The Masters of Ceremonies at the Conclave of 1689 were: Carlo Vincenzo Carcarasio, Domenico Cappello, Pietro Santi di Fontibus, Candido Cassina, and Giustiniano Chiapponi da Rossena (Bullarium Romanum Turin edition 20, p. 2)—Cappello and Cassina left Diaries of the events [Vincenzo Forcella, Catalogo dei manoscritti relativi alla storia di Roma I (Roma 1879), p. 87, no. 626 (Vat. Lat. 8390)]. In 1692, Cassina, aged 38, gave testimony in the Process of the Beatification of Innocent XI, as did Chiapponi, aged 59.
The Captain General of the Holy Roman Church (Papal Army) was Livio Odescalchi , the only son of the late Pope's brother Carlo (Distinto Ragguaglio dell essequie, p. 2; Moroni, Vol. 36, 25)
A wreath surrounds the inscriptiomn
"L' origine de tant de médailles remonte à l'époque où le conclave se tenait toujours au palais du Vatican, et où l'on interdisait à tout le monde, pendant tout le temps de sa durée, l'entrée de la cité Léonine, c'est-à-dire du quartier appelé le Borgo. Alors tous ceux qui, soit pour leurs affaires, soit pour tout autre motif, devaient se rendre dans ce quartier du Borgo, étaient arretés en tête du pont Saint-Ange ou de tout autre pont communiquant avec le Vatican; on ne laissait passer que ceux qui étaient porteurs d'une médaille expressément frappée pendant la vacance du siége au nom de l'un des personnages nommés ci-dessus."
X. Barbier de Montault, Le Conclave (Roma 1878) 19.
The Pope had been in bed since the end of June. He had been suffering from a fever, caused by severe kidney problems for some 53 days; his legs and feet were swollen and painful. The Process of his Beatification [Positio super Dubio, p. 43] summarizes the reports from a number of witnesses:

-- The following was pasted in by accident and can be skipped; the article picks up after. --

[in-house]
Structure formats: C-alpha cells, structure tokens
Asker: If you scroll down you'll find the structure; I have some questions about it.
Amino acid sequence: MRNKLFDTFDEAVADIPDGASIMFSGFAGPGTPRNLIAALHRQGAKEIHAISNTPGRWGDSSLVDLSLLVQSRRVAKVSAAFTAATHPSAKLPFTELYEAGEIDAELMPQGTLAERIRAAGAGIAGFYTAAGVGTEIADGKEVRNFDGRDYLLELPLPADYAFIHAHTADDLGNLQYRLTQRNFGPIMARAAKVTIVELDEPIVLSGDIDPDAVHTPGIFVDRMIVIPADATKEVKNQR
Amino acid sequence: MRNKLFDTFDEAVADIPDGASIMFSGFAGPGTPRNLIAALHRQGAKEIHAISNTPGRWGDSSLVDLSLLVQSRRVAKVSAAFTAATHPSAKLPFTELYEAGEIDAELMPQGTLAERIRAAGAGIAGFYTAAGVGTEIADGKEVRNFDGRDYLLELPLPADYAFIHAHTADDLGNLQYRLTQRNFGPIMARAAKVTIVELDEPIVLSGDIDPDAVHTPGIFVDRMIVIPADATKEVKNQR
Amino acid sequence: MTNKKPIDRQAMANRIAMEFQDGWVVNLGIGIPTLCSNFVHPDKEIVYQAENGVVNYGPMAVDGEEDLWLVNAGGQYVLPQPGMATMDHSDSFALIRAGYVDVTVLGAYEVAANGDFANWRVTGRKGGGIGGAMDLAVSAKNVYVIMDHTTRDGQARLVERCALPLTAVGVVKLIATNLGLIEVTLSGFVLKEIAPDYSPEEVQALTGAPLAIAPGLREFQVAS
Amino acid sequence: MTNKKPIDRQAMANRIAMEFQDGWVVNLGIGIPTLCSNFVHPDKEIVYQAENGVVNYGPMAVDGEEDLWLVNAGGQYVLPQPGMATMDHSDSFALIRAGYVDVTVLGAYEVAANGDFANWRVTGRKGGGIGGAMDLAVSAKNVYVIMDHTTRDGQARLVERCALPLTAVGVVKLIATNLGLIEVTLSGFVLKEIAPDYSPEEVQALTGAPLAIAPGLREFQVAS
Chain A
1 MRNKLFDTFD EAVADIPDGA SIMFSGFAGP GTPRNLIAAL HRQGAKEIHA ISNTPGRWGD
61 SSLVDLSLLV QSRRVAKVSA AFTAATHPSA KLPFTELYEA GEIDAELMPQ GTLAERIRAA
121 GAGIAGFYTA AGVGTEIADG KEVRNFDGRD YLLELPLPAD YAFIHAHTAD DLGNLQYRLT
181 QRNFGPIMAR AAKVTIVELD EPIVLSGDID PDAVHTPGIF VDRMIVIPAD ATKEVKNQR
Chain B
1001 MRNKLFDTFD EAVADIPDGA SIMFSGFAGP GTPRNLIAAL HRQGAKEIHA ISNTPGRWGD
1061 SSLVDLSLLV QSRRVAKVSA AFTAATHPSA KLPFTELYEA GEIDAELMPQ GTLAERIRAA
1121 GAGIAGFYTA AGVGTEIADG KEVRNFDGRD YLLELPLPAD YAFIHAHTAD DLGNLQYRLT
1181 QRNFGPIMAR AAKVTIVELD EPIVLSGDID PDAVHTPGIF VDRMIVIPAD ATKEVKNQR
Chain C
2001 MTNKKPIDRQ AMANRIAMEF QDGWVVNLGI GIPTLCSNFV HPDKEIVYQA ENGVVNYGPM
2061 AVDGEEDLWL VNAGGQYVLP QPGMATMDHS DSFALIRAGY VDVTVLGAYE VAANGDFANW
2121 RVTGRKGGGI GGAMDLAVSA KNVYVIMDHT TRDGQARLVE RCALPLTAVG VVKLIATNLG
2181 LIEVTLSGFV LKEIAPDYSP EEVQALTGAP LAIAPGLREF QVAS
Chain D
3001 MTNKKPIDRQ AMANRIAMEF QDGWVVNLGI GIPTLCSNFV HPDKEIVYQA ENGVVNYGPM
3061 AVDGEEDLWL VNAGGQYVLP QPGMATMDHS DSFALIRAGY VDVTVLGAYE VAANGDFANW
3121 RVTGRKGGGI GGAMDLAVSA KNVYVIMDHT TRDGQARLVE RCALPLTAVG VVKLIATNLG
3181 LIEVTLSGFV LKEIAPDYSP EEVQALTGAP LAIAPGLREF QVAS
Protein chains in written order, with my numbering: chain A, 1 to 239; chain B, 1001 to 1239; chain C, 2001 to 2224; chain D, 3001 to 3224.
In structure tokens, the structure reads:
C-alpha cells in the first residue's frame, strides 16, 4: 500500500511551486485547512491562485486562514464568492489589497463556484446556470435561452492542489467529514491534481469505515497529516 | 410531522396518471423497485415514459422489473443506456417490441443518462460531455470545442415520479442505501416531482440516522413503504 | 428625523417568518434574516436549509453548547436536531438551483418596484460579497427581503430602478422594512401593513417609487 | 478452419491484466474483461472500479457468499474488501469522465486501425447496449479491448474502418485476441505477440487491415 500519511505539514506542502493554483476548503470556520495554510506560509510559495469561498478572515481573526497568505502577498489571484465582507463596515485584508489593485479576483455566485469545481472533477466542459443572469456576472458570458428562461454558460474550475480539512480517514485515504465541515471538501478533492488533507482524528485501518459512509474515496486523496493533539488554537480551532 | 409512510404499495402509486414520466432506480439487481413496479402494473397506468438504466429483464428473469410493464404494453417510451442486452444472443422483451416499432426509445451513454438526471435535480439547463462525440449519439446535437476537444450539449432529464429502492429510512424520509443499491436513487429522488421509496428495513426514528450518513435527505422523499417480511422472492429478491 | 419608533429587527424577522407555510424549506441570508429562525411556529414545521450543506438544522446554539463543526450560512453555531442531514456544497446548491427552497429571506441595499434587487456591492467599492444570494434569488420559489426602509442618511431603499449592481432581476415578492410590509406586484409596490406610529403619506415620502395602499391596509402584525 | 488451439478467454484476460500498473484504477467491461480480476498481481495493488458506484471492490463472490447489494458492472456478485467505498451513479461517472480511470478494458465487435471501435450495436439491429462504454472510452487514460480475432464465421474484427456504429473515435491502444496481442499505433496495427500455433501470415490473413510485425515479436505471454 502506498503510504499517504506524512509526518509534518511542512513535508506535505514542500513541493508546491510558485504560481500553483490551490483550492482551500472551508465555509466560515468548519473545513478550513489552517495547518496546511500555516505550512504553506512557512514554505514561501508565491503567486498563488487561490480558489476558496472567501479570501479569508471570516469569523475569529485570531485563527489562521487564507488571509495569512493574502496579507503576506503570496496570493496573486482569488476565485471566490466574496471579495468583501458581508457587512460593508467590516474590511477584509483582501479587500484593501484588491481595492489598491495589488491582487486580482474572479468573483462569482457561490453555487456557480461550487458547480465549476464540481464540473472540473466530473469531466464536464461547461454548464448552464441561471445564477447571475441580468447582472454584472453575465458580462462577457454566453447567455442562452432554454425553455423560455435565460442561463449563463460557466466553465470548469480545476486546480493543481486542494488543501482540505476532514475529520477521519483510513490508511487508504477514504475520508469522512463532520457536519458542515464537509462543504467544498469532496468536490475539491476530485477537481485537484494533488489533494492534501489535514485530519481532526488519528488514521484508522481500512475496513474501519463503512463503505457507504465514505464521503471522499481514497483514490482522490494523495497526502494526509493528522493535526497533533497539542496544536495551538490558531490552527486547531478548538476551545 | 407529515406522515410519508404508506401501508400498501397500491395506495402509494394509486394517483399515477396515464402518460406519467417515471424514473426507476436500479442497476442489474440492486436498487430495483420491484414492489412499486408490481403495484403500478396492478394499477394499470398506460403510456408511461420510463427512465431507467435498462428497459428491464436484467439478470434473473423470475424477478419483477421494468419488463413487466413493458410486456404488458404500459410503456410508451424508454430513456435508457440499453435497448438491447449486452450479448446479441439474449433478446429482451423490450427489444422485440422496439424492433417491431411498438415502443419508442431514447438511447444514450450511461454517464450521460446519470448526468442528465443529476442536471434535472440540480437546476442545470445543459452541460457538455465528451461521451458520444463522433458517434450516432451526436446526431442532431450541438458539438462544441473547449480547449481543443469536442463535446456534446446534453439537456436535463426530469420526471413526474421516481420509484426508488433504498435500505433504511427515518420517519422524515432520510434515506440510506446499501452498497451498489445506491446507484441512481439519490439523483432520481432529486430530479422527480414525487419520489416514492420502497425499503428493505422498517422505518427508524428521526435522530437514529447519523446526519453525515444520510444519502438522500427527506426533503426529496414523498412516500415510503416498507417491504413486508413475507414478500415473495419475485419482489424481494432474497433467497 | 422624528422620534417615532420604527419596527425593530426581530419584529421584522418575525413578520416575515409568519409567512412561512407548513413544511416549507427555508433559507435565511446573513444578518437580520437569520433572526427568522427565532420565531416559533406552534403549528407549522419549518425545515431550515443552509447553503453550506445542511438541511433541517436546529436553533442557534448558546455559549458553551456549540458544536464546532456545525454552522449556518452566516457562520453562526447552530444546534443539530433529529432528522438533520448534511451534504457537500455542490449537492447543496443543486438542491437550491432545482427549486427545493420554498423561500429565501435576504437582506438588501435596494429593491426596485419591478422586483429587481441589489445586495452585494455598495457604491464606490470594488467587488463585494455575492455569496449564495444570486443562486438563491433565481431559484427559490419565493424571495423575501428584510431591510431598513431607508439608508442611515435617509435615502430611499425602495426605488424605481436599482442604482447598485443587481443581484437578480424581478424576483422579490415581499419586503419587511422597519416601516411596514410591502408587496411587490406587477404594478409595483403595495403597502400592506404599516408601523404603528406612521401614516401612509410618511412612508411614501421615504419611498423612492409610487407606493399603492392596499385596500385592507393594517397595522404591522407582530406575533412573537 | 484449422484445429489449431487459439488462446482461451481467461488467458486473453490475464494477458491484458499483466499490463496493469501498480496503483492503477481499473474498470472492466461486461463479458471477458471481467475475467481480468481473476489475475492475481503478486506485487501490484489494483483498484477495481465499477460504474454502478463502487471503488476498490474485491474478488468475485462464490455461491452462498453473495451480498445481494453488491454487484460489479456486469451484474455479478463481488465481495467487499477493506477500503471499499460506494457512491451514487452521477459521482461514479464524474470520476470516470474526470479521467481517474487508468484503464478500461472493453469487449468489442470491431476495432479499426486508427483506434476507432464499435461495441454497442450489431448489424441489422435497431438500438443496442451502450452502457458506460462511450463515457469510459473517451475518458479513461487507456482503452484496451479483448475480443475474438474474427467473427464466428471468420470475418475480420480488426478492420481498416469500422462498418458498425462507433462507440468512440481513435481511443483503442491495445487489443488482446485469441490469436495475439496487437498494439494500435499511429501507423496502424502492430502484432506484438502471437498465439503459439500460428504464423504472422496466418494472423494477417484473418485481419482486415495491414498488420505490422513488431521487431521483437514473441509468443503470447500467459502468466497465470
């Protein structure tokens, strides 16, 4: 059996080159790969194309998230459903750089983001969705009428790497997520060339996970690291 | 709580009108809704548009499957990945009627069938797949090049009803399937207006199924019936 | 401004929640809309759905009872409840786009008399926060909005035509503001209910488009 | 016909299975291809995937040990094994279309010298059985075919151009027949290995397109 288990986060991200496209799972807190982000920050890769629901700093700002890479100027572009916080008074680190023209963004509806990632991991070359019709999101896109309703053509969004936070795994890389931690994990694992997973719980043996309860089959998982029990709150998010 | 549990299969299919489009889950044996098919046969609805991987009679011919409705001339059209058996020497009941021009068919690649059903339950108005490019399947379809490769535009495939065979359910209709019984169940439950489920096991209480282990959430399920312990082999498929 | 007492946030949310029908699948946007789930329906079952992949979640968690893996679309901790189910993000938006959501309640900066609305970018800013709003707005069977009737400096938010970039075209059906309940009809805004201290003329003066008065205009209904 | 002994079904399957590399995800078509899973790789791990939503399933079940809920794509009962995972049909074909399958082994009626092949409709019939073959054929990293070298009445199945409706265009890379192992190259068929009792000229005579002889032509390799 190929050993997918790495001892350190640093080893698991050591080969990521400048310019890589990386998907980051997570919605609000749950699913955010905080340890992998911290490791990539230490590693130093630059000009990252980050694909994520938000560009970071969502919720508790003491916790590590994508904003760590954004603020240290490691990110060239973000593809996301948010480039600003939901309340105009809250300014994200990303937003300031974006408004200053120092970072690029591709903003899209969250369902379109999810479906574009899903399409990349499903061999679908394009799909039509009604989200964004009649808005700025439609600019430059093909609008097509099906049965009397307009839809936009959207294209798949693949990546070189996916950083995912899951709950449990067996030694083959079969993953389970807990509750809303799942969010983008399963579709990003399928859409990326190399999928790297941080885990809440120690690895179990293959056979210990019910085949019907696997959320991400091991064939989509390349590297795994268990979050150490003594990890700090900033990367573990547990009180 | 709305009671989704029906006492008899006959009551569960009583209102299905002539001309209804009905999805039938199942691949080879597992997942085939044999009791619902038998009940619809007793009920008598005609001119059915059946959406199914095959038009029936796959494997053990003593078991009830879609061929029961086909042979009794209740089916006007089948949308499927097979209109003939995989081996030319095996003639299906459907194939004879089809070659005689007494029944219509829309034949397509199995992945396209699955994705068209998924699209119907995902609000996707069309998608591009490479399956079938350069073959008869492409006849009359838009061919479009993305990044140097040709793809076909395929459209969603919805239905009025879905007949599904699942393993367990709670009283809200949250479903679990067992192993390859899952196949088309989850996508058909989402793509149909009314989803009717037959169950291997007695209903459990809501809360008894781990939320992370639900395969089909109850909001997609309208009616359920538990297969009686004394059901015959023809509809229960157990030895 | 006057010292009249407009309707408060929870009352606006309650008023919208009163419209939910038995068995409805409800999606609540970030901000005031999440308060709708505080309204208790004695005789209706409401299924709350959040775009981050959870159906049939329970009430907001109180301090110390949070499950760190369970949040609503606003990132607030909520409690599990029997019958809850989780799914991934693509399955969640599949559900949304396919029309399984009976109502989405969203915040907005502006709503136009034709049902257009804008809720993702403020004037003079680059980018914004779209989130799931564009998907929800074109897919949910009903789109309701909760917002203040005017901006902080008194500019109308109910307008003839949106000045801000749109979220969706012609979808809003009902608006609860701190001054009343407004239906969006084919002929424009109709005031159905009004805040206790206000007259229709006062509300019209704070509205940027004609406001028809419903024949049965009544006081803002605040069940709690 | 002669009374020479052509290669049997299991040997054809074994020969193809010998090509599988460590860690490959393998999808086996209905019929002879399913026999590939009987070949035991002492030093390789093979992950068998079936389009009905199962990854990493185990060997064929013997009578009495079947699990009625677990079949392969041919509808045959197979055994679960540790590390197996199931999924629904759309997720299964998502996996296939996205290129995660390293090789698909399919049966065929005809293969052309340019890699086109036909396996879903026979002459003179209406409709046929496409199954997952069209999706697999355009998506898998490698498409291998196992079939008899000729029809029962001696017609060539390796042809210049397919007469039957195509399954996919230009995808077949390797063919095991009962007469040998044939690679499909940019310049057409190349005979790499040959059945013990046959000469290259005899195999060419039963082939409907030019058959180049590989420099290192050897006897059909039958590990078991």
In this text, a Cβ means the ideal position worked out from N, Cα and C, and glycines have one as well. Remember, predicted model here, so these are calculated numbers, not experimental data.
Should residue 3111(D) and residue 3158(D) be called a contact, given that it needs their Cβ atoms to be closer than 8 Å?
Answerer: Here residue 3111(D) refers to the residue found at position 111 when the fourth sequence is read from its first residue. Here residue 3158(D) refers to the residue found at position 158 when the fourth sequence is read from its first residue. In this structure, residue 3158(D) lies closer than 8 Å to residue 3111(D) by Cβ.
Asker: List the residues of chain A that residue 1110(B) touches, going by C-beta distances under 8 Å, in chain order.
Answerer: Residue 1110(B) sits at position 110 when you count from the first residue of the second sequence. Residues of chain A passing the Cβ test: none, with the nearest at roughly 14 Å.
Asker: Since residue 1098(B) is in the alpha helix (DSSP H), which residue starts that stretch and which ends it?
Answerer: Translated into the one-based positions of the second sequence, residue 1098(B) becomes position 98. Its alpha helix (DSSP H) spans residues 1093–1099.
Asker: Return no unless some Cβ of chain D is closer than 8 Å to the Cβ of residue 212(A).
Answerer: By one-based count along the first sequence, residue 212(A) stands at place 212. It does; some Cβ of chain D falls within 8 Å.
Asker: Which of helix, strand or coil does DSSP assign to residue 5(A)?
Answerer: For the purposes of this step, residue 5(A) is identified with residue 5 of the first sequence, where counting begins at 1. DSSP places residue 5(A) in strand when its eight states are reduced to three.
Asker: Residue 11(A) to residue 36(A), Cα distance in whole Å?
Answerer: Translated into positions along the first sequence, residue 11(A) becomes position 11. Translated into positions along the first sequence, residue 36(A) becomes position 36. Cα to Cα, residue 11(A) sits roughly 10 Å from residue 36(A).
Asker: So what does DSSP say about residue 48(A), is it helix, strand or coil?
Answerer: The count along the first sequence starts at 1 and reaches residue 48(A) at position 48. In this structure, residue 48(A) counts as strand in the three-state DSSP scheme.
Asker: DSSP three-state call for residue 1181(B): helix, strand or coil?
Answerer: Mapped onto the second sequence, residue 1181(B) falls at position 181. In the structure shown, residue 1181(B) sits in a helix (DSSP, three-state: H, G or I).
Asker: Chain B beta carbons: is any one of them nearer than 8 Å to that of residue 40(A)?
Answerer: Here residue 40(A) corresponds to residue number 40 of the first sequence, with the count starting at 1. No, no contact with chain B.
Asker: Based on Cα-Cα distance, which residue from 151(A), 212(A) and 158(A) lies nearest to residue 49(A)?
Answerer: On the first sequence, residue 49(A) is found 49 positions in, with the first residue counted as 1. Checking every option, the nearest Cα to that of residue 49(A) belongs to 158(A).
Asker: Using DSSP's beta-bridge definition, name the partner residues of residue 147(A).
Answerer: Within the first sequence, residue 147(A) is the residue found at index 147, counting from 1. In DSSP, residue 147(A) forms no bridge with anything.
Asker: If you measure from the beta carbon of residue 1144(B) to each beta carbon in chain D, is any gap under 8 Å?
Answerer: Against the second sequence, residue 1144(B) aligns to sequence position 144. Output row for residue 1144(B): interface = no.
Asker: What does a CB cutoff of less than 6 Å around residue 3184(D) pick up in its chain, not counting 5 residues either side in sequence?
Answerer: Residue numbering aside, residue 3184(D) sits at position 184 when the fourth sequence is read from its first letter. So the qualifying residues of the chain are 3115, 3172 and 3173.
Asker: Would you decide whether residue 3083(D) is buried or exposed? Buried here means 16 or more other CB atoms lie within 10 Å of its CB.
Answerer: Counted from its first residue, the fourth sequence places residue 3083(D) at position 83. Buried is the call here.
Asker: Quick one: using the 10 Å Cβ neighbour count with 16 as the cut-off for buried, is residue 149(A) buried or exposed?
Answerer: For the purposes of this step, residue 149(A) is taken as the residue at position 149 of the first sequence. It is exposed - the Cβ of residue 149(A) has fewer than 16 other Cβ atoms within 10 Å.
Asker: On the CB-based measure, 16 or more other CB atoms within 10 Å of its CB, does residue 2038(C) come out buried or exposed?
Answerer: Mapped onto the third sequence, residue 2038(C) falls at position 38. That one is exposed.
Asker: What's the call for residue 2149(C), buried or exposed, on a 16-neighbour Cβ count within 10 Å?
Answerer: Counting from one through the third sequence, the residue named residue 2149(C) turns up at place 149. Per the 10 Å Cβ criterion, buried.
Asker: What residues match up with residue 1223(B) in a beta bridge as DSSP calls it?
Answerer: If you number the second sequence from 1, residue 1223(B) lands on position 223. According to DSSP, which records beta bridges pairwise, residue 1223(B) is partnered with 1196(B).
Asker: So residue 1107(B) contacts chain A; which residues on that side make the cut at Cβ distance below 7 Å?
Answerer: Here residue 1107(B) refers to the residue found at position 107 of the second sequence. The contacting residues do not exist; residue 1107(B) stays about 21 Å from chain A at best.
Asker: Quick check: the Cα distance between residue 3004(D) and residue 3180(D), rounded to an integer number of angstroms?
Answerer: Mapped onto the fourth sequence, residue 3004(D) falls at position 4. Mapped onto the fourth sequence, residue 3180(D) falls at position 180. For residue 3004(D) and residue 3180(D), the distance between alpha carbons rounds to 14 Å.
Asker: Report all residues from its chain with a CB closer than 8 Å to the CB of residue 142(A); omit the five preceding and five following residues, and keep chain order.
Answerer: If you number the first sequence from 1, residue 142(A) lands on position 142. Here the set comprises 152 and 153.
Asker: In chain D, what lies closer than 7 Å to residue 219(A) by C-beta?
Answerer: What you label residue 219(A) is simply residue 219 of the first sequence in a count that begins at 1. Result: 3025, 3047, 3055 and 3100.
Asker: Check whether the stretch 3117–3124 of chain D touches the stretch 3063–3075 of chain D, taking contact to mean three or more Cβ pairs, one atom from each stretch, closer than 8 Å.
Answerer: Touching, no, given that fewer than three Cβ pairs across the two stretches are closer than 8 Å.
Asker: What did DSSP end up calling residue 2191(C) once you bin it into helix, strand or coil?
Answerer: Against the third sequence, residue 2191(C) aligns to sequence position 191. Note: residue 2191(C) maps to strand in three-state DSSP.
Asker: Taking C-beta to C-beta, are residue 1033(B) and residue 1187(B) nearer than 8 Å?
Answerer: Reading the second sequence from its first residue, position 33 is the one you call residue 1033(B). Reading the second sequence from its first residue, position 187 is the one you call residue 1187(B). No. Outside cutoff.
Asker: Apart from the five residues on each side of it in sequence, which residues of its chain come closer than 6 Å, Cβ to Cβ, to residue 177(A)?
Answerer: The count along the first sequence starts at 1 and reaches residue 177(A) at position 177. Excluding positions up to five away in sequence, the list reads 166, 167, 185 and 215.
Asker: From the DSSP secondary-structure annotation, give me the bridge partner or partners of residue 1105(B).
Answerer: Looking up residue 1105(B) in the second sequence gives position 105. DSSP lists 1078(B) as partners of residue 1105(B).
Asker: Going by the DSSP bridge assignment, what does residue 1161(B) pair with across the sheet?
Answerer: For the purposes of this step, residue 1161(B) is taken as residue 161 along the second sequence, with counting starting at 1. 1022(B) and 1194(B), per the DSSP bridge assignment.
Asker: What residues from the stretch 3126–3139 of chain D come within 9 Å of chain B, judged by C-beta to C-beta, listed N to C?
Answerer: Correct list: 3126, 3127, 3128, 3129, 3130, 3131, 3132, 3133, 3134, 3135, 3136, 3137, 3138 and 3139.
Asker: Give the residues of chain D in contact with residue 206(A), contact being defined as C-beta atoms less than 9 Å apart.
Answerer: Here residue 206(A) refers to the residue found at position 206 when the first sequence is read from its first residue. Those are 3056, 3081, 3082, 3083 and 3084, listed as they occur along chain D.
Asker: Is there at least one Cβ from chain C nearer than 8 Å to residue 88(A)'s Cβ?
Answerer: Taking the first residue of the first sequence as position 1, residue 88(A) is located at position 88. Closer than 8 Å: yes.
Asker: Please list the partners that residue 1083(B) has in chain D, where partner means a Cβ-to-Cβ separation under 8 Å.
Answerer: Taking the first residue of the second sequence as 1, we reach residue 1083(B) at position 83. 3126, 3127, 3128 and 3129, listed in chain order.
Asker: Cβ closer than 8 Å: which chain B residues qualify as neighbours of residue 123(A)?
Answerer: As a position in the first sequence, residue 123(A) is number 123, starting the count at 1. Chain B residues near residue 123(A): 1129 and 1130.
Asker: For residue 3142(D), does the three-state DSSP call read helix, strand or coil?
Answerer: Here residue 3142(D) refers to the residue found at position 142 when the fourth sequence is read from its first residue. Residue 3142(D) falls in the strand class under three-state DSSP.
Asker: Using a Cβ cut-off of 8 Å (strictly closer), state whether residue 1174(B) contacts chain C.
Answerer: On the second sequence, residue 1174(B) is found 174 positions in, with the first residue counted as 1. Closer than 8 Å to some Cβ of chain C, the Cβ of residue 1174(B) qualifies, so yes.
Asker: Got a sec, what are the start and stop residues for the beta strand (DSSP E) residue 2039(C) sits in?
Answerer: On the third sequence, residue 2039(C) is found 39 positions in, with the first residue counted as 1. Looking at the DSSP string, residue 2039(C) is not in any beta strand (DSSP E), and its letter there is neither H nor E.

Infirmitatem paenosissimam 58. dierum toleravit, mixtam febribus, erisipele, abscessibus suppuratis ad pedes, podagra, ulceribus et fistulis in articulis pedum, queis gravissimis morbis alter partiter paenosissimus in renibus per 33. annos continuo duorum magnorum calculorum obstruentium foramina renum addebatur.
One of the avvisi, the "Il corriere ordinario, Num. 68" (August 25, 1689), reported news from Rome of August 6 that the Pope was in considerable distress. In order to relieve his pain it had been necessary to perform an operation on Sunday, July 31, on his right leg. This was done with success, and therefore, another incision was made on Monday, and a third on Tuesday. An incision also had to be made on his right heel, due to swelling. The pain eased, but the Pope's general debility continued. The surgeon, Magnani, stated that he did not want to make further use of the lancet. The Pope was not receiving Cardinal Cibo, the Secretary of State, at the time, so that the ordinary business of the Papacy could continue. Business ground to a halt. Four or five days before he died, according to his longtime Doctor, Msgr. Giovanni Maria Lancisi, Chamberlain of Honor, the Pope was told that his death was imminent.